Interview with GLAPOCHA plus-size model Kurisu
TSS had the chance to interview many GLAPOCHA -plus-size Models!
Today, let us introduce you to KURISU, one of the women who wants to share plus-size fashion in Japan with the world. Of mixed Thai and Japanese heritage, she talks about the influence of her past and how she builds herself as a young woman.
1. First of all, could you introduce yourself ?
My name is Kurisu, and that as amazing as it may sound, it’s my real first name which is also spelled in kanji! I’ve been with Glapocha for 1 year now, and the first time I heard about this magazine was on Twitter. I came across a picture and the models were glowing, so I tried the auditions. I got in and have been a model for the past year.
2. How would you define being plus-size in Japan ?
When I was a kid, I was really very chubby and I was laughed at a lot. Personally, I don’t eat a lot and drink a lot of water, but I’m still fat and round in shape. I would very much like people to open their eyes to this so that everyone can live more easily. All people are different, there are big, small, thin.
Very often in stores, clothing is in sizes M or L, and large sizes are often found without suitable clothing. We would love to be able to wear pretty clothes like people wearing sizes S, M or L and we would love to see the plus sizes offered. The same goes for the color, because for the more normal sizes there is a lot, and for the plus-size clothes there is often only black or brown. I would really like for society to change and for us to have nice clothes with nice colors.
3. What does body positive means for you ?
Whether it’s having shapes, particular clothes or scars for example, the attention is too focused on people, and we all tend to want to hide from other people’s eyes. Before I knew the body positive, I only wanted to hide my curves by wearing loose clothes. When I saw the plus-size models, I remember thinking: “Ah, is it possible to wear this kind of skirt with shapes?” or “Can I show myself like this in front of others?”
I think that the body positive is not yet widespread enough in Japan because we are still too much concerned about the look of the others. People won’t dare to wear the clothes they want and they will get used to this situation, and I personally know people like that. Fortunately, more and more people are spreading this movement, and many are starting to have fun and wear the clothes they like. It’s important for everyone to remember that no matter what clothes you wear, they’re going to fit well and you’re going to look adorable! It’s our duty as plus-size models to spread this way of thinking.
4. Has modeling had a big impact on your personal life?
I often post pictures on Instagram, and there was a girl who said to me, “I’d like to wear this kind of clothing too!”. I recommended a store to her, and she bought clothes in her size there. I think that as a model, we should pass on things like that. When this girl thanked me, I felt so happy inside. I think there are still a lot of people who don’t dare to try different clothes, but I really think that fashion should not depend on the shape of one’s body. Seeing that I passed that on to this person, I was really happy.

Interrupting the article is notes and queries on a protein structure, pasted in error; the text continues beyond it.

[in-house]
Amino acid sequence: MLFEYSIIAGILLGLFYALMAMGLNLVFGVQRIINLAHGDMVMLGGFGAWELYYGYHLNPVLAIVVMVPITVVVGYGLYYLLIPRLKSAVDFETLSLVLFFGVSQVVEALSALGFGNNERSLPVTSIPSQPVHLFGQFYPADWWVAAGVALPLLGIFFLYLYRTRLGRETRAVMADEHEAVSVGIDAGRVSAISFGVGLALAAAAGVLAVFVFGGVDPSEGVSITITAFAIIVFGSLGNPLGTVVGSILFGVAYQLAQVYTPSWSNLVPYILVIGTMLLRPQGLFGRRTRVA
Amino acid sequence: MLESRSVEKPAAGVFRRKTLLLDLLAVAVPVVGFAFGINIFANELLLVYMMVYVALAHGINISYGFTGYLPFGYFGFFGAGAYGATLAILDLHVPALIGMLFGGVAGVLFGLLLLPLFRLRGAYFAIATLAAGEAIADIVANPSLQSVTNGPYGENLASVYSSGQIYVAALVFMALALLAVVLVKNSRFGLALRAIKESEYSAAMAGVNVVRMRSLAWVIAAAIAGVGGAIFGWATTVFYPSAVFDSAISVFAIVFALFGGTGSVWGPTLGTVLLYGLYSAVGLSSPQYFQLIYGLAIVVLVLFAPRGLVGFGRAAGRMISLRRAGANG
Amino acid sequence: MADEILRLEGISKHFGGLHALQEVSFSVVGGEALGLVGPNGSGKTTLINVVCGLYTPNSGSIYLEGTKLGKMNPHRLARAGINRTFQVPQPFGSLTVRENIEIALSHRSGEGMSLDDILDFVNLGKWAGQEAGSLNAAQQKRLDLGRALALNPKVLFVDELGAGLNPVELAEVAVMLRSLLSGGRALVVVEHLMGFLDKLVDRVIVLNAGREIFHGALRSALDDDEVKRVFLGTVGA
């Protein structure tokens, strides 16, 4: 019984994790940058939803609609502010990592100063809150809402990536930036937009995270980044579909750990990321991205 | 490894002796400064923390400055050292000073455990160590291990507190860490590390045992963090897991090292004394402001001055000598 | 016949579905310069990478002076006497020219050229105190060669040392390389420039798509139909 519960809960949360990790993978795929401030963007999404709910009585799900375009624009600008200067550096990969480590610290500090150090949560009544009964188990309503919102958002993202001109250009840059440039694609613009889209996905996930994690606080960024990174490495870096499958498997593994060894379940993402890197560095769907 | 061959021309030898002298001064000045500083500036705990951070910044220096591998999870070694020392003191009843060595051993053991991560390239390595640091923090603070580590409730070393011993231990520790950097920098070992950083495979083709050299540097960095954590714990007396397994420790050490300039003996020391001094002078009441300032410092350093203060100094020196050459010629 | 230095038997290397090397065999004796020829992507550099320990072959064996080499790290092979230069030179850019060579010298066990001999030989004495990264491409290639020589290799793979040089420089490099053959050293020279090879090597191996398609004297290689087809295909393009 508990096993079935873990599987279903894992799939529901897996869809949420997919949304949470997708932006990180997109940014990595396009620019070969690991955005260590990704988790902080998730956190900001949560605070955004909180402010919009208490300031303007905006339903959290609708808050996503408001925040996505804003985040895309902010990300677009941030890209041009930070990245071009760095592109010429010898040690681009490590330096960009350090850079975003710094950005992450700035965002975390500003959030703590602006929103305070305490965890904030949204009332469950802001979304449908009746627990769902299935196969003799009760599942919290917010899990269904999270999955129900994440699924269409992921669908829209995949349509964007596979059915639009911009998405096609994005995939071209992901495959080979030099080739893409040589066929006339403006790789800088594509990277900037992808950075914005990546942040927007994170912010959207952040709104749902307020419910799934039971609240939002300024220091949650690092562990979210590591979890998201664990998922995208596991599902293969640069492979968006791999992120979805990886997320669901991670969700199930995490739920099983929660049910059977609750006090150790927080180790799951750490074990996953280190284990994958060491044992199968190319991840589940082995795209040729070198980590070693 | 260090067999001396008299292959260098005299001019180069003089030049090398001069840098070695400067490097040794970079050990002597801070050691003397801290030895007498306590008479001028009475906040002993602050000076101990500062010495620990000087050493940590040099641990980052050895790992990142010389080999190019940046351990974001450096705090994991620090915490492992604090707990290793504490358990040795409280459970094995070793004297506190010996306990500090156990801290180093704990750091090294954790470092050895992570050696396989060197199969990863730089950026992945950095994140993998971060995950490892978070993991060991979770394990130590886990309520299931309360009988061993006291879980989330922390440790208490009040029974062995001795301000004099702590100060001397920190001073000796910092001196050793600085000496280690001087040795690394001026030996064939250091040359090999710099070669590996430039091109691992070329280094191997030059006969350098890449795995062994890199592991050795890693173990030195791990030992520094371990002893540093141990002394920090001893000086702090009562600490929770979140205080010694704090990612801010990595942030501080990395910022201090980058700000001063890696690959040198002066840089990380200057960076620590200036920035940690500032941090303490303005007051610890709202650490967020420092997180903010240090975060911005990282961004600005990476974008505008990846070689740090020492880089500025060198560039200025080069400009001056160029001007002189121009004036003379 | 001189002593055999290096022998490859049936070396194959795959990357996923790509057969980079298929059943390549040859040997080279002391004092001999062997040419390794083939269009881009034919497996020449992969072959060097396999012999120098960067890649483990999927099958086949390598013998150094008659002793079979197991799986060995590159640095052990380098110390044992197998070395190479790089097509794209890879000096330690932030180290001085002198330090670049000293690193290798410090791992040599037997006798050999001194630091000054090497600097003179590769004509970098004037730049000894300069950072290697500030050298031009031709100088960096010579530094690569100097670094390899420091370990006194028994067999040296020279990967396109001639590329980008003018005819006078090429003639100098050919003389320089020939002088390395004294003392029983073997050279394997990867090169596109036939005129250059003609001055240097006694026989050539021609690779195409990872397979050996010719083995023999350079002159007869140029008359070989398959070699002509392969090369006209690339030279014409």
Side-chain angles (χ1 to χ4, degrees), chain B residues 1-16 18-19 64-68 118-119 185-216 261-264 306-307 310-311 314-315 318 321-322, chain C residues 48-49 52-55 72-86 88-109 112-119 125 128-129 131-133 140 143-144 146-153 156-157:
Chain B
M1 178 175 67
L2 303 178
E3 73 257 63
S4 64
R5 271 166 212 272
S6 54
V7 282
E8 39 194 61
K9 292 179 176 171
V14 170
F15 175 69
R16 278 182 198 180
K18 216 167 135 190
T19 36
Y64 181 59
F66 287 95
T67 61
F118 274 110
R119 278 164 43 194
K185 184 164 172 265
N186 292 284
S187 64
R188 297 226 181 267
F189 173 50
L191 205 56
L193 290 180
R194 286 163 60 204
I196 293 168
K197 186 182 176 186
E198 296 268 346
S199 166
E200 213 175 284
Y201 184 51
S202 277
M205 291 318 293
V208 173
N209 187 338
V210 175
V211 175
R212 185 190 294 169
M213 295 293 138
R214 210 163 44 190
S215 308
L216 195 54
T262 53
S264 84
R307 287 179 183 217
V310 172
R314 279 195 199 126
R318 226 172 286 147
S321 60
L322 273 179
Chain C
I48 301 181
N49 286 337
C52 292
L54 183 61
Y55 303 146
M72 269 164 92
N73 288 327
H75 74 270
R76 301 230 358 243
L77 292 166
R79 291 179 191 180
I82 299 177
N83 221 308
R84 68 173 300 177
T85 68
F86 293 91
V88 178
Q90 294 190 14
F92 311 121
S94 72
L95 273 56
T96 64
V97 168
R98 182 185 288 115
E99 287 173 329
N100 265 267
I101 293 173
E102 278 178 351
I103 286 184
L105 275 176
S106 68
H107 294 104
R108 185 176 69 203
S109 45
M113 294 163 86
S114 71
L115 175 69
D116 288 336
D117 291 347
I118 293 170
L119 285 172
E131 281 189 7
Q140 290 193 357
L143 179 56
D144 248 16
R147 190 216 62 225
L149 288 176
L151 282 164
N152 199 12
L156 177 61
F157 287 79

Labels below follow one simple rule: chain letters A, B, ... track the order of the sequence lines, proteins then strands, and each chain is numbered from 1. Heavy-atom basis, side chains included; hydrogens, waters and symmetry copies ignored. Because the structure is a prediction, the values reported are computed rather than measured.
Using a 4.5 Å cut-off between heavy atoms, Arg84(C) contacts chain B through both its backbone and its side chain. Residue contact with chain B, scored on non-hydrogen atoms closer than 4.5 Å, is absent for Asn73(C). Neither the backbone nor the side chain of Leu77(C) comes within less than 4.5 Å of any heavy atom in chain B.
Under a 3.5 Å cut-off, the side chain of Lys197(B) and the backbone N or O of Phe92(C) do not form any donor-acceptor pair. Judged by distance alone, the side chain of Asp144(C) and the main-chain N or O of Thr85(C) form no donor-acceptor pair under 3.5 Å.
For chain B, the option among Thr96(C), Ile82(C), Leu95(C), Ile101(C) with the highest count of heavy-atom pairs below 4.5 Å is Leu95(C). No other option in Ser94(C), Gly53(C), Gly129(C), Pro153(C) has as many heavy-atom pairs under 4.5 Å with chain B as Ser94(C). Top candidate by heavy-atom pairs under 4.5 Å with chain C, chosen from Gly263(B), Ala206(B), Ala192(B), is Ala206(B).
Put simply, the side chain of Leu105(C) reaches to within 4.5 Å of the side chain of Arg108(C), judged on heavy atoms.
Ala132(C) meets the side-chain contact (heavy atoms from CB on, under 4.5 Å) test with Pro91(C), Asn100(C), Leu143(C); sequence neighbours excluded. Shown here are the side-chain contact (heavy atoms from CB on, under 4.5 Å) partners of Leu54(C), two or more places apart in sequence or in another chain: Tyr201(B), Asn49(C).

5. Did you get different looks because you are half?
When I was in high school, boys used to make fun of me when I wore a skirt for example and they used to insult me about my appearance. On top of that, I got a lot of nasty remarks like “Go home” or “Get out of the country”.
6. Do you think social media has played a part in the way people view models of different sizes and races?
Having social networks is a chance to receive kind comments of encouragement, and seek information from many people, and I think they are indispensable.
7. Do you have any role models or inspirations?
When I was not confident, I remember being inspired by a South Korean person who also does music and dance, but I forgot her name [ed. note: probably Hwasa from the South Korean group MAMAMOO]. I remember her strong impact because her teacher at school told her that she could not appear on TV because of her weight. He told her that she was good and talented, but that she was not cute, and that she could not pass the auditions. She went home crying, and as she thought about whether or not she was cute, she decided to create a new standard of beauty. So she showed that she was beautiful in her own way, passed the auditions and is now known all over the world.
It made me think about the fact that the criteria of beauty were the same in Japan as in Korea: you have to be thin and have a small face. On the contrary, this woman asserts herself as she is and that’s her beauty.
In Japan, Watanabe Naomi also expresses herself freely, whether it is with her clothes, the color of her hair or her make-up.
8. Do you have a message for people abroad who are plus-size, who are interested or don't know about this category?
Beauty doesn’t have to be defined by society, decide to be beautiful yourself! Be confident in yourself and live happily.